${I}_{x}={{\displaystyle \sum}}^{\text{}}\frac{{V}_{i}-{V}_{x}}{{R}_{i}}$ (2)

From this equation, to get V_{x}, we are having below equation:

${V}_{x}={{\displaystyle \sum}}^{\text{}}\frac{\frac{1}{{R}_{i}}}{{{\displaystyle \sum}}^{\text{}}\frac{1}{{R}_{i}}}{V}_{i}-\frac{{I}_{x}}{{{\displaystyle \sum}}^{\text{}}\frac{1}{{R}_{i}}}$

Let’s make following assignment:

${p}_{x,i}={{\displaystyle \sum}}^{\text{}}\frac{\frac{1}{{R}_{i}}}{{{\displaystyle \sum}}^{\text{}}\frac{1}{{R}_{i}}}$ and ${m}_{x}=\frac{{I}_{x}}{{{\displaystyle \sum}}^{\text{}}\frac{1}{{R}_{i}}}$ (3)

3-th assignment brings the network supply problem to simple statistical problem. Which can be solved by random walk methodology.

Let’s assume we have a gold digger which is starting walking from any position. He is spending money every time he is passing through the cross-nodes and getting some amount of money after he gets to a fixed gold location. The probability of passing through the exact road from a node to another node is p_{x}_{,k}, where x is current node id, and k is the number of roads to other nodes.

As from the theory of probability, the sum of probabilities of roads is equal to 1, hence we are getting below equation:

${P}_{x,1}+{P}_{x,2}+\cdots +{P}_{x,k}=1$ (4)

For walk gain, the function can be represented as below:

$F\left(x\right)=M$ [earned − spent]

If the walker goes to the gold position, he will get paid by gold, let’s assign the gold price as A_{0}._{ }

In other words, gain function for whole non-gold position can be written as below:

$F\left(x\right)={P}_{x,1}F\left(1\right)+{P}_{x,2}F\left(2\right)-{A}_{x}$ (5)

If we assume that A_{0} is the supply power value (VDD), and F(x) is the voltage on x node, problem of random walker and supply network voltage problem are becoming similar.

For power supply network, we are losing voltage because of drop any time we are passing through a cross-net and gaining power after getting to VDD pad.

Simple circuit example is given in Figure 2.

For basic formulation with the upper described random walker and money spend/gain method, the circuit will obtain the view of Figure 3.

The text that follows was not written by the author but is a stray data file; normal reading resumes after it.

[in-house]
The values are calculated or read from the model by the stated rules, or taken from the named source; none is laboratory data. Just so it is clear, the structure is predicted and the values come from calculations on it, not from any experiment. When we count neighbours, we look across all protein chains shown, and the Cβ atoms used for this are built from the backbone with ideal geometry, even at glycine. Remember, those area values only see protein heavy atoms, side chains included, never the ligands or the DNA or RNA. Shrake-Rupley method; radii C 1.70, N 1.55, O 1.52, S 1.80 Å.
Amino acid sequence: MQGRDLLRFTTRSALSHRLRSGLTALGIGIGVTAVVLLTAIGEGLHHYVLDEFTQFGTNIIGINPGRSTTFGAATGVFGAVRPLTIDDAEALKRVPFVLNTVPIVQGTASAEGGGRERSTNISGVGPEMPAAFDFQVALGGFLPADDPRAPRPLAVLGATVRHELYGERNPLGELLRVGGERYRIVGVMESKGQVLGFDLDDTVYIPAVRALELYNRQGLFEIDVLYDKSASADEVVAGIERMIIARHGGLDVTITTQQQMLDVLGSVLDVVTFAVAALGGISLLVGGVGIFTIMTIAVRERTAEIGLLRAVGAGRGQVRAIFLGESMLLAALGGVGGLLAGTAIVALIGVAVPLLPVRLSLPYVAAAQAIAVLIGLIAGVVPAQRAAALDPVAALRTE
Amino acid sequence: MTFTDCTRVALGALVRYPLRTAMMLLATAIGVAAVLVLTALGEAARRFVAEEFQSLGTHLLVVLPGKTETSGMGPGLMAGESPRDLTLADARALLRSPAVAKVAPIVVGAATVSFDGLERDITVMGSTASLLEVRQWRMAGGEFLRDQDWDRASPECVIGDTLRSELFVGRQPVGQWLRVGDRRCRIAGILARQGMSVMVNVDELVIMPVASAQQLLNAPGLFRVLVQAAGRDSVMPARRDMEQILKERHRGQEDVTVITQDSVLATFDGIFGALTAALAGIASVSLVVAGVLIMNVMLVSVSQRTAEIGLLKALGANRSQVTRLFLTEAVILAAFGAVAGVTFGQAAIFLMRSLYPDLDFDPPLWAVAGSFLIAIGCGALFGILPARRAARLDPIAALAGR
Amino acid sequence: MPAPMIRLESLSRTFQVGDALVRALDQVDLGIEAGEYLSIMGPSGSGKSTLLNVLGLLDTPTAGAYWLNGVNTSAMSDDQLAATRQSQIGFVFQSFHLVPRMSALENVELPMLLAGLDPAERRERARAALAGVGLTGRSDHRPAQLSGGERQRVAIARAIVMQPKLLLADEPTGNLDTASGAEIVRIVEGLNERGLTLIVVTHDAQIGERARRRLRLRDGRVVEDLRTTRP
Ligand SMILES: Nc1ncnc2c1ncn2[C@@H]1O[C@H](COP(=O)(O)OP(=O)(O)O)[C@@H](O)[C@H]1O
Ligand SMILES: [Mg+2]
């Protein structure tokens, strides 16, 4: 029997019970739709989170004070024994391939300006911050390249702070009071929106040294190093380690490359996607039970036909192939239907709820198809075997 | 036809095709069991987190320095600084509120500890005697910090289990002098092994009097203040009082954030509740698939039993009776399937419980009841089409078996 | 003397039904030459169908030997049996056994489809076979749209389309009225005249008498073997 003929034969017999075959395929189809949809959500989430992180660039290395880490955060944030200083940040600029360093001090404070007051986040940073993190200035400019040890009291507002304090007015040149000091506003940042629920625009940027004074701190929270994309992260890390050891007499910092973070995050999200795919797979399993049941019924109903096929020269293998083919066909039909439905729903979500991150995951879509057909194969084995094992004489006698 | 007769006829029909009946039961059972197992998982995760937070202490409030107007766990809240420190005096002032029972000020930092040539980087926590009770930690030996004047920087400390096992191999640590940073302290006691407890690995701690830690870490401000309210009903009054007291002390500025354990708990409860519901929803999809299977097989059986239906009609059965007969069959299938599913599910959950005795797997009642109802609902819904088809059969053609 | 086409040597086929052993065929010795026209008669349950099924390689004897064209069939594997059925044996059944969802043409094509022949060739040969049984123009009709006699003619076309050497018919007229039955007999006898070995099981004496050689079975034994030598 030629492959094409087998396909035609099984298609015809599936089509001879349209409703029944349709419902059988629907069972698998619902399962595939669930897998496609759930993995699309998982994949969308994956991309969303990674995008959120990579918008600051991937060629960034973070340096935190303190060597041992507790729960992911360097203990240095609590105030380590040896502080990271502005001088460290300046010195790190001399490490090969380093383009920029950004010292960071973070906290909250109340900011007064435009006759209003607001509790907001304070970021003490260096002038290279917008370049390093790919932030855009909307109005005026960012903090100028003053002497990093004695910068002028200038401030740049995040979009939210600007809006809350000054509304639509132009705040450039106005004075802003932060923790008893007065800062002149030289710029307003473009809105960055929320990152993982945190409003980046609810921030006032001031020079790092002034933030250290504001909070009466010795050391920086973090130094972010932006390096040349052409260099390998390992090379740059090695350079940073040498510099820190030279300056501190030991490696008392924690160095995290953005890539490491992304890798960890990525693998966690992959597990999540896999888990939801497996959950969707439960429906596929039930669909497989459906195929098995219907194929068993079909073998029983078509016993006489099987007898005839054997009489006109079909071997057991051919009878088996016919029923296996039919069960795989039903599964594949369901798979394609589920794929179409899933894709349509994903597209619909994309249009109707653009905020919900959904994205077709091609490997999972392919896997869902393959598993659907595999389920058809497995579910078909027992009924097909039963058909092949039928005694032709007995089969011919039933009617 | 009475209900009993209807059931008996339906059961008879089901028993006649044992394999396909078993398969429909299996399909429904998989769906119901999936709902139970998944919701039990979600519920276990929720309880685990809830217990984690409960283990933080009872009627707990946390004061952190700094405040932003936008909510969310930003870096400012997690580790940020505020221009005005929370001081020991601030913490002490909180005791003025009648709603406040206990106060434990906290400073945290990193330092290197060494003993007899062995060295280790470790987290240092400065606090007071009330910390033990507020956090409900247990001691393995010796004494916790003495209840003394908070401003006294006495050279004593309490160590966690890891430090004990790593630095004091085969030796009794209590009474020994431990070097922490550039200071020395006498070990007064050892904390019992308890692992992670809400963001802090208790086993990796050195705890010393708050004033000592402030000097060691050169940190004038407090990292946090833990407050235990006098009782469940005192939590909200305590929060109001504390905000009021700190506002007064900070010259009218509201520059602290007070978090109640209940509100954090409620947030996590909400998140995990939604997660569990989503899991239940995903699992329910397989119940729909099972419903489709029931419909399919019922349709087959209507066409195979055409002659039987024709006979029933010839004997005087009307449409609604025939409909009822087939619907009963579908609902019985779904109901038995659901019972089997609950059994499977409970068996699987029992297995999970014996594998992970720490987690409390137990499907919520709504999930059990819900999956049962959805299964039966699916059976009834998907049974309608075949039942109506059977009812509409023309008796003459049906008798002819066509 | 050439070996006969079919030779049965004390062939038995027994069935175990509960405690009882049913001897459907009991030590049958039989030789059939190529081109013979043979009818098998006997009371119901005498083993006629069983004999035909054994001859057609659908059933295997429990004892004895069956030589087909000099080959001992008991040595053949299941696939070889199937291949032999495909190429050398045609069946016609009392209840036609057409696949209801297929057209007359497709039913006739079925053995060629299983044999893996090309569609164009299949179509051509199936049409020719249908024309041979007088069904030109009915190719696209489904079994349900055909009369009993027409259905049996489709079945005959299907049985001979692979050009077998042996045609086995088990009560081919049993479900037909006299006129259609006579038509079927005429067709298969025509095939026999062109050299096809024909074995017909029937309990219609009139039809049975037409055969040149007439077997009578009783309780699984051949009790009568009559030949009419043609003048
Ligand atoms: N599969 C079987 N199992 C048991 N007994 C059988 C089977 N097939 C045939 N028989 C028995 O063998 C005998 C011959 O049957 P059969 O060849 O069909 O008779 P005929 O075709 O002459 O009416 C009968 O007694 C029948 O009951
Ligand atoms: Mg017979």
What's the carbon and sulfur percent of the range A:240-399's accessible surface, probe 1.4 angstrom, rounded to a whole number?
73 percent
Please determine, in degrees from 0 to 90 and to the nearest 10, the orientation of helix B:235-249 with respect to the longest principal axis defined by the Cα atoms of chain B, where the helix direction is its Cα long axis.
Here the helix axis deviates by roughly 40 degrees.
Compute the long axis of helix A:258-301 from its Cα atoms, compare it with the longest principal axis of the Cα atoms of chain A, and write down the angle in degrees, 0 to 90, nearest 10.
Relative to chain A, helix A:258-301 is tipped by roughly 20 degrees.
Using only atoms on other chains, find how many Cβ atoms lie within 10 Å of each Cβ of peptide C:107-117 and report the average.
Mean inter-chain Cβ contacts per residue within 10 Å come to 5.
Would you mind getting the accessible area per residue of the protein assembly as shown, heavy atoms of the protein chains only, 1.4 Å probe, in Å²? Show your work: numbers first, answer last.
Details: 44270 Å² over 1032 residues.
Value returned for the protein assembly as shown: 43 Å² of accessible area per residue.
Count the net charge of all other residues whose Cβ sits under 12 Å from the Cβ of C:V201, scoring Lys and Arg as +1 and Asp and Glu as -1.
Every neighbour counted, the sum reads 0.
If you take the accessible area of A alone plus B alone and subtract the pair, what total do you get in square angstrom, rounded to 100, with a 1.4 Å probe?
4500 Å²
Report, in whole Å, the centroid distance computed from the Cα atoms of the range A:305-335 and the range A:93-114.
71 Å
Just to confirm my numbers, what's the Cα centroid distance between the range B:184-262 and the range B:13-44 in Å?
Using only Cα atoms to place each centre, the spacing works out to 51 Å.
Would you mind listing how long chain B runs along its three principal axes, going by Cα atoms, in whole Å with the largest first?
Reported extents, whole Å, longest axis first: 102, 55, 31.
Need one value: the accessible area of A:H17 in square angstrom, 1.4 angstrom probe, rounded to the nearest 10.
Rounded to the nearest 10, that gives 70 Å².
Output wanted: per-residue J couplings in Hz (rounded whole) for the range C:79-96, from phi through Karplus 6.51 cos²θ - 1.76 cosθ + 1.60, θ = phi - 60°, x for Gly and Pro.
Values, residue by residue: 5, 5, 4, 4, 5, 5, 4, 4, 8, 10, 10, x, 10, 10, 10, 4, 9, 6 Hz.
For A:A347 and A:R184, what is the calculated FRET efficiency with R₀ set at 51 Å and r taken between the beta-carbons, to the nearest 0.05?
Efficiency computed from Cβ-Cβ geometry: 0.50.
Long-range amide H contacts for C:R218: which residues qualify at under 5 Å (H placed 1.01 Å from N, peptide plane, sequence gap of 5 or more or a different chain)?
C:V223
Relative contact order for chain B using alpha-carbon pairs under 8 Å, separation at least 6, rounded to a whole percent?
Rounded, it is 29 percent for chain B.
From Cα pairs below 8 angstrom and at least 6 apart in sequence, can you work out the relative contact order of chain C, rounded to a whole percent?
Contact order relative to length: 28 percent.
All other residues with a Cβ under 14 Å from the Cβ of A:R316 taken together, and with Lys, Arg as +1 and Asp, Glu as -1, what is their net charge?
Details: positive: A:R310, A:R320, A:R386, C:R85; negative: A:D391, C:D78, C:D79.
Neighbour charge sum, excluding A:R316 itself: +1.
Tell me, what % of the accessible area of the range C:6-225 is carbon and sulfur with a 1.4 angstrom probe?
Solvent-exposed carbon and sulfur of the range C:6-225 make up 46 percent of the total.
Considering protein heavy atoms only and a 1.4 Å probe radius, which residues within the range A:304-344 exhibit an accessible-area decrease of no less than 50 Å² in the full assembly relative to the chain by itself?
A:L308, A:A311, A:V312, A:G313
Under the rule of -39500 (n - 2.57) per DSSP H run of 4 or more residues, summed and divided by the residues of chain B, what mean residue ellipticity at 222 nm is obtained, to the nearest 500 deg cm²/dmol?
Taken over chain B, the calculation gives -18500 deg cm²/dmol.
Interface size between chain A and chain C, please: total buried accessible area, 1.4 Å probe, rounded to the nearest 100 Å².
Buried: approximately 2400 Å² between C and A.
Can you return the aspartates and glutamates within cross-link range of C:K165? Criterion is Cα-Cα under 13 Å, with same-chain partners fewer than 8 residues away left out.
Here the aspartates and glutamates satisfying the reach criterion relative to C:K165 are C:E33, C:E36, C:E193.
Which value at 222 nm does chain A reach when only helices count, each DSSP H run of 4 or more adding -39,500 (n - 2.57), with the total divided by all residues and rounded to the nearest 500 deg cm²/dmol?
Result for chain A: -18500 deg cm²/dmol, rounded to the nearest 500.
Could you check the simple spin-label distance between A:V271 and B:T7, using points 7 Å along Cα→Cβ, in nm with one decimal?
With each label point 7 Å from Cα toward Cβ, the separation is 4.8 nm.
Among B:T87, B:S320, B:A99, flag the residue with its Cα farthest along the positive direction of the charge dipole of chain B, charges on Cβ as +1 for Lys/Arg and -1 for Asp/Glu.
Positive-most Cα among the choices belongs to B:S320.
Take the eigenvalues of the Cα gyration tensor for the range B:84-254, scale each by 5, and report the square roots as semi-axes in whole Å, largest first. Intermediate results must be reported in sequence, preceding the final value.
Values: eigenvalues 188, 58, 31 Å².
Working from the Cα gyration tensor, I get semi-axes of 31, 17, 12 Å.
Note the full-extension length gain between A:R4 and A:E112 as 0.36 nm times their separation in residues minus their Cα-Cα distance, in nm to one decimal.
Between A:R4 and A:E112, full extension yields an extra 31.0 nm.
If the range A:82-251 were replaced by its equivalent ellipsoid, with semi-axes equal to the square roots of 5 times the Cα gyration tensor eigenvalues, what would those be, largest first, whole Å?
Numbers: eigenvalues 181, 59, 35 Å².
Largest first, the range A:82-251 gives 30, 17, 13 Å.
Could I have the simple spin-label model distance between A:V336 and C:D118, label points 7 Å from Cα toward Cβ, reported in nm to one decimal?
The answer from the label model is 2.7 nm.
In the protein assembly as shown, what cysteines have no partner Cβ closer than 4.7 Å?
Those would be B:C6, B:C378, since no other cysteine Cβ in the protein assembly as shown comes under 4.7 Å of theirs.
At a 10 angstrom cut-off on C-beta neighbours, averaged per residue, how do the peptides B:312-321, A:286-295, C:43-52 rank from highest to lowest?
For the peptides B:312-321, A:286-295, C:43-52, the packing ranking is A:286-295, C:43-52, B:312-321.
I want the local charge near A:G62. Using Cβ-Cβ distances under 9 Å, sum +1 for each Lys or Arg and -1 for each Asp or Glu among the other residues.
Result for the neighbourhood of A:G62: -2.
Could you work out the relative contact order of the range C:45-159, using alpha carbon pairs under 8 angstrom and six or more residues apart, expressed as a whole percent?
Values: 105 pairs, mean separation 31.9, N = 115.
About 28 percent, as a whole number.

Figure 2. Circuit example.

Figure 3. Spent/gained model chart.

3. Random Walk Implementation

The described algorithm has been implemented with two steps. First step is implementing one random walk for selected node, second step is applying Monte Carlo simulation methodology on result to increase estimation accuracy.

Visualization of algorithm for random walk for selected node is described in Figure 4.

The block diagram Figure 4 can be easily described by following steps.

1) Reading already existing resistance, capacitance, drawing current and power supply data.

2) Starts 2 parallel processes

• Probability extraction based on resistance value.

• Voltage drop calculation for each node.

3) Starting to walk from random node (except supply nodes) to random selected node based on probability.

4) Accumulating consumed current.

5) Repeating 3-th step until reaching to supply node.

6) From supply voltage subtracting calculated drop.

The above-mentioned methodology has been used in the wrapper level for calculating whole network IR drop as in Figure 5.

The block diagram Figure 5 can be easily described by following steps.

Figure 4. Visualization of algorithm for random walk for selected node.

Figure 5. Wrapper level for calculating whole network IR drop.

1) From schematic connectivity description net list parsing resistance, capacitance, drawing current and power supply data.

2) Iterating N times where N is Monte Carlo simulation count.